Former Lincoln Police officers share concerns about survey analyzing culture within LPD

“Lincoln Police officers have experienced harassment, discrimination, and retaliation for years even decades,” Luke Bonkiewicz, former LPD Officer said.
Published: Nov. 14, 2022 at 6:34 PM CST|Updated: Nov. 15, 2022 at 9:14 AM CST
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LINCOLN, Neb. (KOLN) - “Lincoln Police officers have experienced harassment, discrimination, and retaliation for years even decades,” Luke Bonkiewicz, former Lincoln Police Officer said.

10/11 NOW spoke with three former Lincoln police officers who said speaking out against the city was never the plan.

“This was never meant to turn into lawsuits or anything like that,” Former Sergeant Angela Sands said. “None of us wanted that, we wanted to make the department better.”

But they said after what they experienced while working for the department and what they believe is still ongoing, they felt there wasn’t another choice.

“I’m sitting here in front of you today because obviously, I’m representing something that has been a call to action for the Lincoln Police Department,” Erin Spilker, former public information officer for LPD said.

Bonkiewicz, Sands, and Spilker sat down with 10/11 after the city released the results of a survey done by 21st Century Policing aimed at analyzing LPD’s policies, procedures, and culture to ensure it is free of harassment and discrimination. Mayor Leirion Gaylor Baird announced the survey after a former officer, Sarah Williams, received a settlement from the city for a lawsuit she filed alleging sexual harassment and discrimination. Three other officers have also filed similar lawsuits but litigation is ongoing.

The results of the survey showed 16 women, 47% of those who responded to this question, reported they too had encountered discrimination or harassment while working for LPD. Eighteen women, or 53%, reported they had not encountered discrimination or harassment.

During the press conference, neither the mayor nor Chief Teresa Ewins addressed that statistic specifically, though the representatives from 21st Century Policing noted that it will be a challenge for LPD to work through the polarization shown in that answer.

“I think that the challenge will be to accept that people bring different lived experiences to the table, and that the organization really needs to support a culture of listening to those with whom we sometimes disagree, and show respect for differences of opinion,” Kathleen O’Toole, with 21st Century Policing said.

Sands, Spilker, and Bonkiewicz said they felt the survey and the city glossed over this issue.

“Sixteen women were brave enough to speak up,” Spilker said. “Sixteen women were brave enough to answer that survey and say I was discriminated against, I was harassed. Sixteen brave women - and that number was minimized.”

Sands fears the number is higher.

“We had our friends that still work there reaching out to us saying we’re too scared to take it,” Sands said. “What if they can see the results and so that fear is still in them.”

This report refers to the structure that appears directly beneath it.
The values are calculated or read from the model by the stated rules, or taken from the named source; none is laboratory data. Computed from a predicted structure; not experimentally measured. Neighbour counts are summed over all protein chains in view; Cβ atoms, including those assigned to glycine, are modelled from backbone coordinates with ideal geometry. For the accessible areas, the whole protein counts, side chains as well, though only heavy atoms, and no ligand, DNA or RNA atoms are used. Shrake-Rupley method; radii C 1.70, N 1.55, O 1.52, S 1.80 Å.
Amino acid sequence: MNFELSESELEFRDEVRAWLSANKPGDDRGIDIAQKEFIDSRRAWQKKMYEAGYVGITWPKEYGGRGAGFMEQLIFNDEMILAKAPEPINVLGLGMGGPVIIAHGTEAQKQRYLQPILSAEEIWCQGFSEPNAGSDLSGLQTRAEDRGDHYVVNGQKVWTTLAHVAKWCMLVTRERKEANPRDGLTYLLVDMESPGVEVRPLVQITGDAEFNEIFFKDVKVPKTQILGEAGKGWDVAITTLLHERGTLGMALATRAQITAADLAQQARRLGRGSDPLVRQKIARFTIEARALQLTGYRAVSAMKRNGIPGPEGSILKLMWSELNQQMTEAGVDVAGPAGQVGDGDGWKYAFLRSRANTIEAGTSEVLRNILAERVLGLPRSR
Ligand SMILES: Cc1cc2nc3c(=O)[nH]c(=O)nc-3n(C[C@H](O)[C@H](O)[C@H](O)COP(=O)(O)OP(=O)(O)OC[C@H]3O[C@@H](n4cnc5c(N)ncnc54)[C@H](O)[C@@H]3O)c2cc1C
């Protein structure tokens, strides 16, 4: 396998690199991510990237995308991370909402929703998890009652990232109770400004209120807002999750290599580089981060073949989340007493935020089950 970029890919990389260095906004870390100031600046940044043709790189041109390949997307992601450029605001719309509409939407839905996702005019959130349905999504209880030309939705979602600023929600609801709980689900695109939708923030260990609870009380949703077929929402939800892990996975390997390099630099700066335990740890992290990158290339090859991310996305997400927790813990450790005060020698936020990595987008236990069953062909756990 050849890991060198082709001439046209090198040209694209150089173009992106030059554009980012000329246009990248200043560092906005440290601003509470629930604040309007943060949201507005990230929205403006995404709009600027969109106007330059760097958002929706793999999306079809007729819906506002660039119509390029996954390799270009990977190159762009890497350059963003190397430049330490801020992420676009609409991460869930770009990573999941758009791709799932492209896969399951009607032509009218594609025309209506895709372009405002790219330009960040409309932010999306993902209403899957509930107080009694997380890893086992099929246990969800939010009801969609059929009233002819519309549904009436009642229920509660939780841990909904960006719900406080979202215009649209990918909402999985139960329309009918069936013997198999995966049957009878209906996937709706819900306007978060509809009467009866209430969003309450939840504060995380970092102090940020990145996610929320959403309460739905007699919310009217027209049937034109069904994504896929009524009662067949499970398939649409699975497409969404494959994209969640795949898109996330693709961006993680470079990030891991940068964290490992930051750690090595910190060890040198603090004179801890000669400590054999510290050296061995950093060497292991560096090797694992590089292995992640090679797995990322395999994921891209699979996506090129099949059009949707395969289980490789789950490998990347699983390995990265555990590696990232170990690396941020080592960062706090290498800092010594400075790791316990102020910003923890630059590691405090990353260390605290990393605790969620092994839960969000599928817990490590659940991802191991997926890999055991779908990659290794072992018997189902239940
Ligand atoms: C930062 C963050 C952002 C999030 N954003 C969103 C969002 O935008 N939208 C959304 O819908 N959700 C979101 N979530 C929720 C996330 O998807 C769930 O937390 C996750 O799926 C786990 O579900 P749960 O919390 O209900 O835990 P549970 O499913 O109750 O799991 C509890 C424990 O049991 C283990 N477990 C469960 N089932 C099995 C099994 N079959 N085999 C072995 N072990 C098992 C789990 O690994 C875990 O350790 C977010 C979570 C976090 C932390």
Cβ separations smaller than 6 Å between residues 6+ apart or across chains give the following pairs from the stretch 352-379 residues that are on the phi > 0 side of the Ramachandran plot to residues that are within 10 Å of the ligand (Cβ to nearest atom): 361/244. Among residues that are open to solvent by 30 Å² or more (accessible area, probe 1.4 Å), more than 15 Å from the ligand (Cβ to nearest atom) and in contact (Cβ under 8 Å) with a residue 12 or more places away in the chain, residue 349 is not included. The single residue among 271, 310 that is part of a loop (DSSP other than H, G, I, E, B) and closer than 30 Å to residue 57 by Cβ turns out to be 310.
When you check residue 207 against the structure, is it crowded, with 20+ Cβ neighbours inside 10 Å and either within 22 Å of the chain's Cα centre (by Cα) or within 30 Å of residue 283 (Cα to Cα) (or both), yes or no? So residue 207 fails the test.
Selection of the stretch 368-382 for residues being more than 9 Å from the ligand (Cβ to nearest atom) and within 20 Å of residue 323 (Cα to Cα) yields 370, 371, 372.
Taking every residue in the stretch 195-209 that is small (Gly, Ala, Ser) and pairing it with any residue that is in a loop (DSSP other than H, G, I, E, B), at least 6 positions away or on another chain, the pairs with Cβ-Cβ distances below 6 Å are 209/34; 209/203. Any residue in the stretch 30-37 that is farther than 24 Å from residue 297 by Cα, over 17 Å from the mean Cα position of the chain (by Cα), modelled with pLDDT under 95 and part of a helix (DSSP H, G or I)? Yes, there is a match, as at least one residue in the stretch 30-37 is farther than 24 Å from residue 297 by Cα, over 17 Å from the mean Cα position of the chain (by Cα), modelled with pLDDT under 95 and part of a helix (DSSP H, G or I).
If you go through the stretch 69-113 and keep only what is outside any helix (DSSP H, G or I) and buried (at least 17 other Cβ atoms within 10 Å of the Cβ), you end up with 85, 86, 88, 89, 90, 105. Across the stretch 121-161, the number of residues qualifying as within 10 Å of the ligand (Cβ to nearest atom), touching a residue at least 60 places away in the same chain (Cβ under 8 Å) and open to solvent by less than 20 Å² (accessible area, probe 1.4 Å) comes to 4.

City officials said the survey was sent out to LPD employees on a link independent from the city and employees were allowed to take it whenever, wherever they wanted.

“They were not monitored,’ Ewins said. “I mean, that’s a key part of this is to make sure that we get, you know honesty and no pressure, no stress on them.

But Bonkiewicz said that’s not the experience he had.

“I was told to report to a police captain’s office to take the survey,” Bonkiewicz said. “I took the survey in the police captain’s office while my survey answers were broadcast on the big screen TV of the conference room and the captain sat at his desk.”

Bonkiewicz said the captain who was there was only following orders but it makes him question the validity of the results.

“If I was pressured to provide a favorable response I wonder how many people felt that pressure from supervisors or from administrators,” Bonkiewicz said.

10/11 asked the department about this accusation that Bonkiewicz was required to take the survey supervised and about the former officers’ categorization that the city didn’t take the survey results regarding the 16 women facing assault seriously enough.

Ewins didn’t answer questions related to those topics. She said, at this time, the department will not comment on questions related to pending lawsuits.

Ewins did, however, answer the question related to the next steps of the 21st Century Policing survey.

“We have reviewed the report and are engaging our staff to create a guiding document with recommendations submitted by our staff and best practices. This document will be finalized by December 5th and placed on the department home page for the media and the public access,” Ewins said in the statement.

Spilker said she hopes the continued attention on the issues will finally bring progress after years of speaking up.

“This is not an easily solved problem, it is not,” Spilker said. “But if we do nothing about it, you have a runaway train on your hands and it’s never going to get better.”

Sands said the former officers now have the support of the Time’s Up Legal Defense Fund, which supports people who have faced sexual harassment or retaliation in the workforce.

“It’s nice to have someone come in and validate you so we’re going to help make this change,” Sands said. “The whole point of this was to bring about change and it’s turned into something bigger that can hopefully affect that change and make Lincoln safer.”

To see the full results of the 21st Century Policing survey click here:

To watch the full press conference on the survey click here: